New Delhi: On October 21, 1943, Azad Hind government was formed by Netaji Subhash Chandra Bose.
Prime Minister Narendra Modi announced that he would lay the foundation stone of a museum dedicated to the Azad Hind Fauj.
The Azad Hind Government was a provisional government for ‘free India in which Bose himself declared as the Prime Minister and the minister of war.
On this occasion, Prime Minister Narendra Modi on Sunday hoisted the national flag at the Red Fort to mark the 77th anniversary of the ‘Azad Hind Government’ which was headed by Netaji Subhas Chandra Bose.
During a video conference with BJP workers on Wednesday, Modi said, “I will have the opportunity to participate in a flag-hoisting ceremony at Red Fort on October 21. Now you will ask – why the flag-hoisting on October 21? I know some people will criticise even this. What is the significance of this day? This October 21, it will be 75 years of Subhas Chandra Bose’s ‘Azad Hind Government,” was quoted as saying by DNA India.
Netaji Subhash Chandra Bose was born on January 23, 1897, in Cuttack, which was a part of Bengal Province’s Orissa Division.
After completing his school education, Bose studied at Presidency College for a brief period. He then studied philosophy from Scottish Church College, University of Calcutta. After that, he went to Britain for further studies.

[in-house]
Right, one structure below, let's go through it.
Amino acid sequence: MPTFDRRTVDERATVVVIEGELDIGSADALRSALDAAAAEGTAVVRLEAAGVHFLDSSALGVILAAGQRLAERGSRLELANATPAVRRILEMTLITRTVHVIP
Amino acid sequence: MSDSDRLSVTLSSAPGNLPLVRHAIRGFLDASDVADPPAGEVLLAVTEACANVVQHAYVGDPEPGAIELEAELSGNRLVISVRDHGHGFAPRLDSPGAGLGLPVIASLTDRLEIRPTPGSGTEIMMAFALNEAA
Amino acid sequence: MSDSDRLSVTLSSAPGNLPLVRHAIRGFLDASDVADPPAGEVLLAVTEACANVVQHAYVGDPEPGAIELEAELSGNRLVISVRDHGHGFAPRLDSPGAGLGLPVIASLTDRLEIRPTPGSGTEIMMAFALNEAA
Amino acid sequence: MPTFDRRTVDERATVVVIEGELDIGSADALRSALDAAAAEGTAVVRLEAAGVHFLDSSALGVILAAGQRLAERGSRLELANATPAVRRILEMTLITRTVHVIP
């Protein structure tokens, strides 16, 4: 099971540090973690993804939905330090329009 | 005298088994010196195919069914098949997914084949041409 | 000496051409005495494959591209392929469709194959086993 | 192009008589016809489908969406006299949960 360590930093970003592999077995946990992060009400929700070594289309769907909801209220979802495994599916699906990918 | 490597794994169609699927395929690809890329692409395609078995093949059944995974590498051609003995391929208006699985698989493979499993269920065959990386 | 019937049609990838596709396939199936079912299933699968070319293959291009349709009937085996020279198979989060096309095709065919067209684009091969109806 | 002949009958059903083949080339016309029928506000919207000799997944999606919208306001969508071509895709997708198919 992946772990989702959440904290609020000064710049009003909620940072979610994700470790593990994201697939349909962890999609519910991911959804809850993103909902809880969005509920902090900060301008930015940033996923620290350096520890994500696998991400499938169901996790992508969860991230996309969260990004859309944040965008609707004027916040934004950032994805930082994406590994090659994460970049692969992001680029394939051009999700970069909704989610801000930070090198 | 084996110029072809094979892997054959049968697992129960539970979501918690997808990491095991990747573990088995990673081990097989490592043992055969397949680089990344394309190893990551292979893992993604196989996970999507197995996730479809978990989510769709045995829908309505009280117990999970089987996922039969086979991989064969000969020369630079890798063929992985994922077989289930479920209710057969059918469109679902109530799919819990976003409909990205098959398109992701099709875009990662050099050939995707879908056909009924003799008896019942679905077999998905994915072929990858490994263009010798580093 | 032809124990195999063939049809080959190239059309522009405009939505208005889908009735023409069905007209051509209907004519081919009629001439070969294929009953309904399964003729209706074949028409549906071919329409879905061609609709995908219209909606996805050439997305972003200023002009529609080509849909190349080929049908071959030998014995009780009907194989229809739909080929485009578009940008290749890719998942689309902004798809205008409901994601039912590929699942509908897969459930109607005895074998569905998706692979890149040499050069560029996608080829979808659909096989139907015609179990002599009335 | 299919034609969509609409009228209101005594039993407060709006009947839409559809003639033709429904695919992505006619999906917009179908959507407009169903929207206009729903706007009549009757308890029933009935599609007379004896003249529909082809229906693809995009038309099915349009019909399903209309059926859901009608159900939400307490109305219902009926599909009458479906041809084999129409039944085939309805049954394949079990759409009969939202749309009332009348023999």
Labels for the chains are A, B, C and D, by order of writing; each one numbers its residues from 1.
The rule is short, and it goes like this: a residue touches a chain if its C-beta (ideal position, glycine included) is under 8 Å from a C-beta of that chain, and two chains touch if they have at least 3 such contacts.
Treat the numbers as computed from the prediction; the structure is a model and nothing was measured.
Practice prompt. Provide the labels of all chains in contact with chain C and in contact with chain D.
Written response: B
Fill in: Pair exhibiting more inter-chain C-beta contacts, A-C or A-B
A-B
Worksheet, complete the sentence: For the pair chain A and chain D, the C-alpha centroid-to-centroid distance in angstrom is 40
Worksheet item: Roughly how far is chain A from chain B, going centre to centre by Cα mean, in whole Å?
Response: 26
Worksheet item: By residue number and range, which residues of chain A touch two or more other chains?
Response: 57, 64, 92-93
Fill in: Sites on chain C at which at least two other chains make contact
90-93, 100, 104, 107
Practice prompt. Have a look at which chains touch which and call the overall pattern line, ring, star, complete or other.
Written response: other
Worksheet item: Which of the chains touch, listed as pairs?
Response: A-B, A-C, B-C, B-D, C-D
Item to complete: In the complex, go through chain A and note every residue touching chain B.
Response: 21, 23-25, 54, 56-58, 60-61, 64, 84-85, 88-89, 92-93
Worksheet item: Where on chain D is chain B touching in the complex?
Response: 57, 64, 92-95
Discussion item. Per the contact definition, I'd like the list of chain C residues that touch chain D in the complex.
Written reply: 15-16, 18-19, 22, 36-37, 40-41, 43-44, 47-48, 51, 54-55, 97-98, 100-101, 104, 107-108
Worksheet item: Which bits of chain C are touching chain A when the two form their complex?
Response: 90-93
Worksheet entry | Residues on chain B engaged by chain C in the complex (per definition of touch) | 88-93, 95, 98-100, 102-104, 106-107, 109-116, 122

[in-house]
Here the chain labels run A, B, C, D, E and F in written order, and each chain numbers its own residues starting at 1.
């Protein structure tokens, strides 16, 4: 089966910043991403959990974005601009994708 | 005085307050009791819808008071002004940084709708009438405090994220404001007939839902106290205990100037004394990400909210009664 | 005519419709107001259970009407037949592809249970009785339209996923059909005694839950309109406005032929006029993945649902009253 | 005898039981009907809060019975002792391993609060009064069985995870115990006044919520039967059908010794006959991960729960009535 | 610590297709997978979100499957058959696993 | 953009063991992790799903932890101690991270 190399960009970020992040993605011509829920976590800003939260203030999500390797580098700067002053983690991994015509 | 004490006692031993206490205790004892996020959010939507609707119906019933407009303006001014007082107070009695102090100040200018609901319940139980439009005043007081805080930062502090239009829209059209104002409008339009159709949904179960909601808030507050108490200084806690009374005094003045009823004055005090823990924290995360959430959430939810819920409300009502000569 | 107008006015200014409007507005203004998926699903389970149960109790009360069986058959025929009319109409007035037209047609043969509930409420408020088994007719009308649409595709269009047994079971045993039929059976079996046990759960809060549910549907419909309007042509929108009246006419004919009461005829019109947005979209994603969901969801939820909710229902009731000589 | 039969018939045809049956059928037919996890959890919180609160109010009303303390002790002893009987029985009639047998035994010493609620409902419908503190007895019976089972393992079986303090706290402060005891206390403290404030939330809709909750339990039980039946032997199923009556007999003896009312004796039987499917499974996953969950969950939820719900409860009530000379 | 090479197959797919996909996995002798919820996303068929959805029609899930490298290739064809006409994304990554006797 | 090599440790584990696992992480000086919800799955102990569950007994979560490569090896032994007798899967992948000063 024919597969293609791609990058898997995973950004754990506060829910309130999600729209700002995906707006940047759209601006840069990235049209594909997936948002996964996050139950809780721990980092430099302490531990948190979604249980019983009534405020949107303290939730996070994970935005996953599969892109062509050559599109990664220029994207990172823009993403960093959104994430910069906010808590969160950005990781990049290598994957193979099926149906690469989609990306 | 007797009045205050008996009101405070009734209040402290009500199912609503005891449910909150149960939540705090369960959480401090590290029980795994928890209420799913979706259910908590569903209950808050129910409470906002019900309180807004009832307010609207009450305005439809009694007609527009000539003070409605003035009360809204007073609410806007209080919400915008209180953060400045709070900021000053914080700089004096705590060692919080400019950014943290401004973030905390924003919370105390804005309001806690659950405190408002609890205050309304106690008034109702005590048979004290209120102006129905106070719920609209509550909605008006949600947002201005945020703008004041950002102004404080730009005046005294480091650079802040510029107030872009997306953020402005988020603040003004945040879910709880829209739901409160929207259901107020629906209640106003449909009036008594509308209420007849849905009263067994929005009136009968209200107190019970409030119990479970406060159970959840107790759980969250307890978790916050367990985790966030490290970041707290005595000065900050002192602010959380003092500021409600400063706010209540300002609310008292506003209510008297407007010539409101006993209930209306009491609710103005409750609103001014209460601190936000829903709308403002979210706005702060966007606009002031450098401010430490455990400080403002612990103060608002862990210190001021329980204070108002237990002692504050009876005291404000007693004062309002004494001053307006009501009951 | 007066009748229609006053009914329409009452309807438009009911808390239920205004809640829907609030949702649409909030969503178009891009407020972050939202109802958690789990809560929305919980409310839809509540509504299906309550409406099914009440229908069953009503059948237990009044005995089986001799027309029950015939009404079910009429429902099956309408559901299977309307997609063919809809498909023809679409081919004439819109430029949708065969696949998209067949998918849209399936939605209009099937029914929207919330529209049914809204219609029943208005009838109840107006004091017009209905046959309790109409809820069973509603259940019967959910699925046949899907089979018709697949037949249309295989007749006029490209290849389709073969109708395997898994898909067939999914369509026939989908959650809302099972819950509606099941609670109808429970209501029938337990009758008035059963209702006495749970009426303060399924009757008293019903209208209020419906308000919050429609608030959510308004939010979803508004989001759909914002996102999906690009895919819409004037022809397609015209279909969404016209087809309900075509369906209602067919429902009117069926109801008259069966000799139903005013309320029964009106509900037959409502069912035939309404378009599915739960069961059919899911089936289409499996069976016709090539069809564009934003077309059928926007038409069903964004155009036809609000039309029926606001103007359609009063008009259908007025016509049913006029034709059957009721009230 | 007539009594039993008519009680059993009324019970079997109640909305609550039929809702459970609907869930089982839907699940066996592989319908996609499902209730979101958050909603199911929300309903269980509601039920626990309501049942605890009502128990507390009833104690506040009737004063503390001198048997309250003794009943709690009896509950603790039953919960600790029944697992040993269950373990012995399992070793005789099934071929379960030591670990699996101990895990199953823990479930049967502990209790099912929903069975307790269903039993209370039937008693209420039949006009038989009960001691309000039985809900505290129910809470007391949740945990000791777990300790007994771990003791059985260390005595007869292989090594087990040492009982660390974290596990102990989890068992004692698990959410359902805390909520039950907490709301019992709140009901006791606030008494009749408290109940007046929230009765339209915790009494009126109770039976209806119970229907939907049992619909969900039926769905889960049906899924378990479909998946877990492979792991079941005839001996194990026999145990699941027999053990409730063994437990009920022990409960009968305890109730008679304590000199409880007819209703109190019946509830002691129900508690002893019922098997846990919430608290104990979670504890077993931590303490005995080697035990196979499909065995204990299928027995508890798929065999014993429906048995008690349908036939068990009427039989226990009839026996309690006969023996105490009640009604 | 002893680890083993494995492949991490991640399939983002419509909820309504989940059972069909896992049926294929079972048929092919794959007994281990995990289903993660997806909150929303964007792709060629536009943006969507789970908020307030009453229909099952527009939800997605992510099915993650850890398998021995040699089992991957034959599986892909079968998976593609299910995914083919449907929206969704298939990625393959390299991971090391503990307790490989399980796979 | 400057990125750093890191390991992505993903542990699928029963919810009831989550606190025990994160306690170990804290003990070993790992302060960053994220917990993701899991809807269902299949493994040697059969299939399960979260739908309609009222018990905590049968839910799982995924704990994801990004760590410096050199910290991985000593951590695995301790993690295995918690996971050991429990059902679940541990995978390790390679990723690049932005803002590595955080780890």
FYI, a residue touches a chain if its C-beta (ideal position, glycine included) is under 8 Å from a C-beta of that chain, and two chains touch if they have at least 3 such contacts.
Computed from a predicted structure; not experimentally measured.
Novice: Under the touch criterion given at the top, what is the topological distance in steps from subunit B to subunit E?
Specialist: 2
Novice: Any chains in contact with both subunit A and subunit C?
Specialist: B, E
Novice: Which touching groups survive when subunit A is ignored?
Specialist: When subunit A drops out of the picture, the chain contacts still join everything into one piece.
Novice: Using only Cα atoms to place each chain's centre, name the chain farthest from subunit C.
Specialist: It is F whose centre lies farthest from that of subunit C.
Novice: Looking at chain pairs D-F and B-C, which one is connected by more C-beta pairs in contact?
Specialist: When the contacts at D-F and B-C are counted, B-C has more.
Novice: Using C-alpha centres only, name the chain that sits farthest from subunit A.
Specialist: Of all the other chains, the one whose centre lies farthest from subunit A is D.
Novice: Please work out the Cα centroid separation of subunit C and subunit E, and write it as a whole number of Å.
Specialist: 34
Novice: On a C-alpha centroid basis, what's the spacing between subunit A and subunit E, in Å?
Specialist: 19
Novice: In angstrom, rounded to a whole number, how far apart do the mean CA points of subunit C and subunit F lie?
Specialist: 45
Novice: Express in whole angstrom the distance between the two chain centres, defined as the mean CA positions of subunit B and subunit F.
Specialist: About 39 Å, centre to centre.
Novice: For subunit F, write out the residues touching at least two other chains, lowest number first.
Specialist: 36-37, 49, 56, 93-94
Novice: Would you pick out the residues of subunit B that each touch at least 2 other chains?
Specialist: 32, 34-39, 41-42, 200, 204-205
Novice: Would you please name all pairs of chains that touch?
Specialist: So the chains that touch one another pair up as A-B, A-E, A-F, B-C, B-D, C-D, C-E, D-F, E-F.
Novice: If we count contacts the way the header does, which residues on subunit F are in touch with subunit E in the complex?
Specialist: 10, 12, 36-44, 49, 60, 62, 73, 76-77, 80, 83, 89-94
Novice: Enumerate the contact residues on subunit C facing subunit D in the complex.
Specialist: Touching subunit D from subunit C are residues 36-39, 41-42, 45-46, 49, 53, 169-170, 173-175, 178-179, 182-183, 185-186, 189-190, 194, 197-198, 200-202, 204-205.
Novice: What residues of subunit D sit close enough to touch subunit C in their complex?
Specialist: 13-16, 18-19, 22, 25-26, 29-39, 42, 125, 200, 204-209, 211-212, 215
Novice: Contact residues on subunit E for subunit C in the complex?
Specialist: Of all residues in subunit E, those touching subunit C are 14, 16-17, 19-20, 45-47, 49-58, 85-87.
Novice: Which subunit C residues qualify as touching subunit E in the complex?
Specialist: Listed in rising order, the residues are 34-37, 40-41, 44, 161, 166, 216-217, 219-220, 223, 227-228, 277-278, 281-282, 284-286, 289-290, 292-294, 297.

Bose also joined the Independence movement and became a member of the Congress party. However, he had major ideological clashes with leading figures like Mahatma Gandhi and Pt. Jawahar Lal Nehru.
In 1938, he became the President of the party but was removed after several clashes with Gandhi and the party’s high command. He differed with Mahatma Gandhi’s ideology methods of non-violence and wanted to announce war against the British.
In 1942, Captain-General Mohan Singh established Azad Hind Fauj in Singapore, but it disbanded later on. With the help of Indians who were living in Southeast Asia, Bose revived the Indian National Army and assumed its charge.
Bose gave the speech for independence and his famous slogan ‘Give me blood, and I shall give you freedom!’ in 1944 to members of the Indian National Army.
In 1944 his army fought with the British around the areas of Imphal and Kohima. The struggle of the British army to battle with the combined force of Netaji-led INA and Japan during World War II, has been stated as the ‘greatest ever battle involving British forces’ in a contest run by the National Army Museum in London.